Getting to know four newly-signed Blackhawks


Getting to know four newly-signed Blackhawks

The Blackhawks announced Monday that they have officially agreed to terms with forward Dominik Kahun, defensemen Lucas Carlsson and Darren Raddysh and goaltender Kevin Lankinen on entry-level contracts.

Kahun ($925,000 cap hit), Lankinen ($925,000) and Raddysh ($730,000) each signed two-year deals that run through the 2019-20 season while Carlsson's is a three-year deal that runs through the 2020-21 campaign and carries a cap hit of $792,500.

So who are these guys? Let's meet them:


Drafted in the fourth round (No. 110 overall) by the Blackhawks in 2016, Carlsson set a career-high with 17 points (seven goals, 10 assists) in 44 games this season with Brynäs IF of the Swedish Hockey League. He was tied for fourth among all blue liners with seven goals.

Carlsson, 20, doesn't have major upside, but he's a reliable, well-rounded defenseman and that's what drew the attention of Blackhawks vice president of amateur scouting Mark Kelley.

“When he’s on the ice, he makes things happen," Kelley told Scott Powers of The Athletic last summer. "I think what impressed the Sweden under-20 coach was Lucas’ ability to challenge in all three zones. He’s an active defensively. Offensively, he challenges. He keeps plays alive.”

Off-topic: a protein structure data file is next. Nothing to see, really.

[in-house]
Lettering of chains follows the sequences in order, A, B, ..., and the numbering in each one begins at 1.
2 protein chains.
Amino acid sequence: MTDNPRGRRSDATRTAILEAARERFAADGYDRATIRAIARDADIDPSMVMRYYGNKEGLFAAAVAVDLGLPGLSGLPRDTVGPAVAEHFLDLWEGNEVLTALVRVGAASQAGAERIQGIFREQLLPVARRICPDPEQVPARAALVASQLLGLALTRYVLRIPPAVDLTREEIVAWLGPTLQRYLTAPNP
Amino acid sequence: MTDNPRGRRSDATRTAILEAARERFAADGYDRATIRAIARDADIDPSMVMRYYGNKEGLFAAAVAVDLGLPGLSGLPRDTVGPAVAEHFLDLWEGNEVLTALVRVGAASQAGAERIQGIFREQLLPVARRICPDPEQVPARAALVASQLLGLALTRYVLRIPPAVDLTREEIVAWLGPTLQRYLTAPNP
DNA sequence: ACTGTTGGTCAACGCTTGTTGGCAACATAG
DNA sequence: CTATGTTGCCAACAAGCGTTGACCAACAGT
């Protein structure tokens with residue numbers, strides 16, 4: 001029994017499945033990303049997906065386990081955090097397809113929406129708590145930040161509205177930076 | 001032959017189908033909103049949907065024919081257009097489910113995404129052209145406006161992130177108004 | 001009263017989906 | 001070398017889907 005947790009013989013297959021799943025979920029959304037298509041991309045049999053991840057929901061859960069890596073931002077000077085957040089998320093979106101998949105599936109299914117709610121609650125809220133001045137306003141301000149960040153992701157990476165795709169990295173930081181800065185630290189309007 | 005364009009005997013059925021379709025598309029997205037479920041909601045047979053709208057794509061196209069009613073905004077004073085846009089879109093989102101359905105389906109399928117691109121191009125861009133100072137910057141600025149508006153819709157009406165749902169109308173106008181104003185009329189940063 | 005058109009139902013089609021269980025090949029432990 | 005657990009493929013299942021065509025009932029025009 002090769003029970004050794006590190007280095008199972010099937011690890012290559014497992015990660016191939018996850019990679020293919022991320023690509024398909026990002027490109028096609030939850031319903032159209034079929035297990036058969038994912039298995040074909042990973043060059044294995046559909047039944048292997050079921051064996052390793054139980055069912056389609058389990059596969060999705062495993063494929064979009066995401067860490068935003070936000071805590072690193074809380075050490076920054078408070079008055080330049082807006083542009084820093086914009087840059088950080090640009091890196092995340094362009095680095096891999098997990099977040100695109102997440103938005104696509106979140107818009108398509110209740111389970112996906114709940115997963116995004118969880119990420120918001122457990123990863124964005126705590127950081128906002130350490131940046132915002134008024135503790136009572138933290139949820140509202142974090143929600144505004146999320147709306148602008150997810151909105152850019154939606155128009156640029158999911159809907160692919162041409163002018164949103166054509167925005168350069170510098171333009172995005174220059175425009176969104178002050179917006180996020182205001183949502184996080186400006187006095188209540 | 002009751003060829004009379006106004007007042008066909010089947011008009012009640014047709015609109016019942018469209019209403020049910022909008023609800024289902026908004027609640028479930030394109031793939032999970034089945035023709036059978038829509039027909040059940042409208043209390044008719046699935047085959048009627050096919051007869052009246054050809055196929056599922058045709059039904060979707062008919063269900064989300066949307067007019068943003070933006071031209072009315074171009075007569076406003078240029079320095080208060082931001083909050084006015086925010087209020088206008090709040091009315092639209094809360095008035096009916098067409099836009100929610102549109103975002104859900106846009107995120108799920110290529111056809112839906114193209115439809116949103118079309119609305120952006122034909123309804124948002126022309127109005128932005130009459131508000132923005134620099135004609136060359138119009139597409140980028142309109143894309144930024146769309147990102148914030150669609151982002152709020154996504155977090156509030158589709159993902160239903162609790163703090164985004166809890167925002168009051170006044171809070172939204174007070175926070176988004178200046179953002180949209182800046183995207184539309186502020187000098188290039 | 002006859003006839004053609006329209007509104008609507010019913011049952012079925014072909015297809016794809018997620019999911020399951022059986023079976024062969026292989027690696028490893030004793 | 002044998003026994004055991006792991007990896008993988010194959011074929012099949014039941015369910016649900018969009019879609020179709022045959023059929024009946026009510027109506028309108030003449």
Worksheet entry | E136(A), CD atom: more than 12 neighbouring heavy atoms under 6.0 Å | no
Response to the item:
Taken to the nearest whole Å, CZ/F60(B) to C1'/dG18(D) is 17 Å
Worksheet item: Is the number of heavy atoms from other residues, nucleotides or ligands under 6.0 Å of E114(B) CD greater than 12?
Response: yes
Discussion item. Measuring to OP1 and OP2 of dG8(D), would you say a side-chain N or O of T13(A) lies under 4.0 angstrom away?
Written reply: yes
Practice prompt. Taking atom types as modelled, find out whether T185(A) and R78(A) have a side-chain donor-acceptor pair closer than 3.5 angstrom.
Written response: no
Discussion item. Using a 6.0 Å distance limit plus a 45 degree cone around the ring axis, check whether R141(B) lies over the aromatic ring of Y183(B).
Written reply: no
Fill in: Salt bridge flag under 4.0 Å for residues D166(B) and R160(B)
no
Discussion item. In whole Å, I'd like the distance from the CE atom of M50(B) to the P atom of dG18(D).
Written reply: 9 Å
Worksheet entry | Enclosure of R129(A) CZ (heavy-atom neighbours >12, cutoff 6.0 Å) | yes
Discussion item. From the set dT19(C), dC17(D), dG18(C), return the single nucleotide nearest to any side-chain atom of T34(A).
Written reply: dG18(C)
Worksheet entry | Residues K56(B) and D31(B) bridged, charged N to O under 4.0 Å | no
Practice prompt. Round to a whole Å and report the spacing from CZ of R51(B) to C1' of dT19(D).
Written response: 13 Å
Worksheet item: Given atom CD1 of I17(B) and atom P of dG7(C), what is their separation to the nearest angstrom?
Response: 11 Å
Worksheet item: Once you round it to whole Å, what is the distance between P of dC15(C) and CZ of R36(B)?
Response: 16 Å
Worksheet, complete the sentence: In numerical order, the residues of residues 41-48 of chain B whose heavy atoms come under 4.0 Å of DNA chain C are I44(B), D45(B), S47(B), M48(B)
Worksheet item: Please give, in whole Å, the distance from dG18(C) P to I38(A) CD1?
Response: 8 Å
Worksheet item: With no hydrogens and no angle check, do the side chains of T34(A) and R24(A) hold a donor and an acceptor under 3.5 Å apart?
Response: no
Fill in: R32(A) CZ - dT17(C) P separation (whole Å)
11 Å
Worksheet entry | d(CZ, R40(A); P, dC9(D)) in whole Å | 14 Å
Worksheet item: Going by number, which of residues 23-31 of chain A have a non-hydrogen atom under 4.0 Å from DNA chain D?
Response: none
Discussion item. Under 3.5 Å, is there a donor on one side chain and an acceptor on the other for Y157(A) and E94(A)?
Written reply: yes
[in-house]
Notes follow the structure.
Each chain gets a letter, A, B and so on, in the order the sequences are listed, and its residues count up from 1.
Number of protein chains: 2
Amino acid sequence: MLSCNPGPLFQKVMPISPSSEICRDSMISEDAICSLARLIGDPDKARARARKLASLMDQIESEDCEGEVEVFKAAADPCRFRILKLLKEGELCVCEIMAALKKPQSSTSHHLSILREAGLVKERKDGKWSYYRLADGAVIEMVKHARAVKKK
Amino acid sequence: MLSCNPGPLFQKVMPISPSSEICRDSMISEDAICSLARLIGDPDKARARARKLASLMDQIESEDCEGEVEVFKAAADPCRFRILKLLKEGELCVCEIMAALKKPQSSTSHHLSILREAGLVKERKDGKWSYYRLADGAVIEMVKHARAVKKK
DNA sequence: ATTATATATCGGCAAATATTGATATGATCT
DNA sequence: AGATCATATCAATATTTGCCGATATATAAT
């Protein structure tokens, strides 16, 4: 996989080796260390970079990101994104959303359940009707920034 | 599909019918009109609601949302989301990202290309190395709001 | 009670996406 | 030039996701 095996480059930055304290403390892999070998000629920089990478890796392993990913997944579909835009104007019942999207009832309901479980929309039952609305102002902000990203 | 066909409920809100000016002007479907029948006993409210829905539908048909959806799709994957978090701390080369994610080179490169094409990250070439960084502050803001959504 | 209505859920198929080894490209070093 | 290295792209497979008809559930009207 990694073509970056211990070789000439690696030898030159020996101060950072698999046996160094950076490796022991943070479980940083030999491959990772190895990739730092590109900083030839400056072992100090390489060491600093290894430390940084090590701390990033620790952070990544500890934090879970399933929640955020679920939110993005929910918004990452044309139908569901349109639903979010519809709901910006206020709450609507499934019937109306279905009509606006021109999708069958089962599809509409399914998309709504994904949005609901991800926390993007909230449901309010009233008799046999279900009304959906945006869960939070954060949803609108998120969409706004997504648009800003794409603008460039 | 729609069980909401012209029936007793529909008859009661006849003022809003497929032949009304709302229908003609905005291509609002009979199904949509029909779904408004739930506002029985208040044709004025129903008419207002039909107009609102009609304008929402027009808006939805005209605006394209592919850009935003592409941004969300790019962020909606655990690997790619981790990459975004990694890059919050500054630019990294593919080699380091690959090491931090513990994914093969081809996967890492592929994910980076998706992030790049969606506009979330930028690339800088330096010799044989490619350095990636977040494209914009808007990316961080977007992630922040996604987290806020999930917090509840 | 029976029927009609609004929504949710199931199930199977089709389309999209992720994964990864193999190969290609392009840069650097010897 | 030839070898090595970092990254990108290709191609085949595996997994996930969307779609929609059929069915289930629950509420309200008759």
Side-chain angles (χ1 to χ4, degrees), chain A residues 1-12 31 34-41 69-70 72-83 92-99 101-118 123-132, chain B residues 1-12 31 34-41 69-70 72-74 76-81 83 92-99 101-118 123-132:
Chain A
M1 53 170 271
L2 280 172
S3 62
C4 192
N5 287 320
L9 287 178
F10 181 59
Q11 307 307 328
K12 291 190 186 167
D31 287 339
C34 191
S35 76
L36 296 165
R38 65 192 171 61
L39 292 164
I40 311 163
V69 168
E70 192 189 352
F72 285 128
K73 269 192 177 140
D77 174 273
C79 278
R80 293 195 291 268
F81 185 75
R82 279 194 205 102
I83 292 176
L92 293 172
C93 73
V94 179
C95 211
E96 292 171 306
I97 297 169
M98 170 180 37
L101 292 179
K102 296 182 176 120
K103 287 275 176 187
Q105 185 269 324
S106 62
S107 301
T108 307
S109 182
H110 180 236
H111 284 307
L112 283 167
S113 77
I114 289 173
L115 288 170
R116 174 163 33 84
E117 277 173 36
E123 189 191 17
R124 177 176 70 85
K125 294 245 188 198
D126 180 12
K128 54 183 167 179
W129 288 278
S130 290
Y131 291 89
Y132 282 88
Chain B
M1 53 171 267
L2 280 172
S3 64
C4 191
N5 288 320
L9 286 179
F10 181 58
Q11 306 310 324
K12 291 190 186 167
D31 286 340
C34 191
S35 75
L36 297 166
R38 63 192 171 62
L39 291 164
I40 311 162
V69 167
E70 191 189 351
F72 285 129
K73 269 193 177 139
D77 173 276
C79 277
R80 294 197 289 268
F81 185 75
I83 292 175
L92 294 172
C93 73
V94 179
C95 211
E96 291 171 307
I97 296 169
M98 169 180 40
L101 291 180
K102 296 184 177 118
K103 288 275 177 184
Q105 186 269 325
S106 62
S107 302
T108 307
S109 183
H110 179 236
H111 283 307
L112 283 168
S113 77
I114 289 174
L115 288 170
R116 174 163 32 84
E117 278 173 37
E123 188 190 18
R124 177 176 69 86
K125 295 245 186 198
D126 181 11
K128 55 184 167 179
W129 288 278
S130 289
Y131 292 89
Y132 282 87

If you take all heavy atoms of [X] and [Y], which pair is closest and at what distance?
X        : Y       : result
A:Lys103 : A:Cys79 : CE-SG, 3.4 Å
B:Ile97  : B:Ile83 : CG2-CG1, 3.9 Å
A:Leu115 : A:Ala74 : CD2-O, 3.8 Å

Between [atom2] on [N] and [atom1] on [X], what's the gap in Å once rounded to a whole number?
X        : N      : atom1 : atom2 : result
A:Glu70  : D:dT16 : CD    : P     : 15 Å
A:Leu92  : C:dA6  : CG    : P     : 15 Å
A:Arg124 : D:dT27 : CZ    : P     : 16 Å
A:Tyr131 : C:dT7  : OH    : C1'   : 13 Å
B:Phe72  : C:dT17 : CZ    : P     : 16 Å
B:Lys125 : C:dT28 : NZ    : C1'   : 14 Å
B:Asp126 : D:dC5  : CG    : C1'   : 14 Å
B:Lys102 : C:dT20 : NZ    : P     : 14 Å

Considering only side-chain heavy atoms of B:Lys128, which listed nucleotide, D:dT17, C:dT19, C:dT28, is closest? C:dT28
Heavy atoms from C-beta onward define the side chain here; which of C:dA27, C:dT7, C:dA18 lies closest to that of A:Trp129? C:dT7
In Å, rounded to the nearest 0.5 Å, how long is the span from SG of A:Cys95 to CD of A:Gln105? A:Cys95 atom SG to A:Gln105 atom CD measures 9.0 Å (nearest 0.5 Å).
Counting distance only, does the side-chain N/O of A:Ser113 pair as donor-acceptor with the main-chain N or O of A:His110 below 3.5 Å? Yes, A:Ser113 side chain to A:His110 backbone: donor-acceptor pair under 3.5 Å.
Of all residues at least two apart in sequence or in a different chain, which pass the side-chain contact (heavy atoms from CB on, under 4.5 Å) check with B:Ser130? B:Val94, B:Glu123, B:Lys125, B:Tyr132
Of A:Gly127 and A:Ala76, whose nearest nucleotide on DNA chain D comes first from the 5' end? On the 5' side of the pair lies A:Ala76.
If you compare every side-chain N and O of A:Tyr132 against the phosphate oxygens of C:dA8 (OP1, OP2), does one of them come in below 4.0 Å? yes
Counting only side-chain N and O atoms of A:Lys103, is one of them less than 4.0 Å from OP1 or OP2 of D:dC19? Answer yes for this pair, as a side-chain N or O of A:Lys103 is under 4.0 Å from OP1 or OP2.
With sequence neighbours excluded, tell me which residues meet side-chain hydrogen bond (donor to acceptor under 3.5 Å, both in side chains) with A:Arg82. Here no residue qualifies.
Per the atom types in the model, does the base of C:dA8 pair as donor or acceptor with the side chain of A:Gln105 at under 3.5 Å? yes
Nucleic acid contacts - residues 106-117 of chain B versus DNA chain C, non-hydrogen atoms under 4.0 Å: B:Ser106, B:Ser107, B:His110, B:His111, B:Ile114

The 22-year-old forward spent the last four seasons with EHC München of the Deutsche Eishockey Liga, Germany's top professional hockey league, where he established career highs in assists (29), points (41) and tied a personal best with 12 goals, leading Munchen to their third straight championship in 2018 after recording four goals and 10 assists in 17 playoff contests.

He raised eyebrows at the 2018 Olympics in Pyeongchang, where he compiled five points (two goals, three assists) in seven games and won 55.4 percent of his faceoffs (41 of 74), helping Germany capture a silver medal.

“He has made an enormous step this year, has become much more stable and mature," German national team coach Marco Sturm said after the Olympics. "I am sure that he would grab it in the NHL,” Sturm told the Hamburger Morgenpost.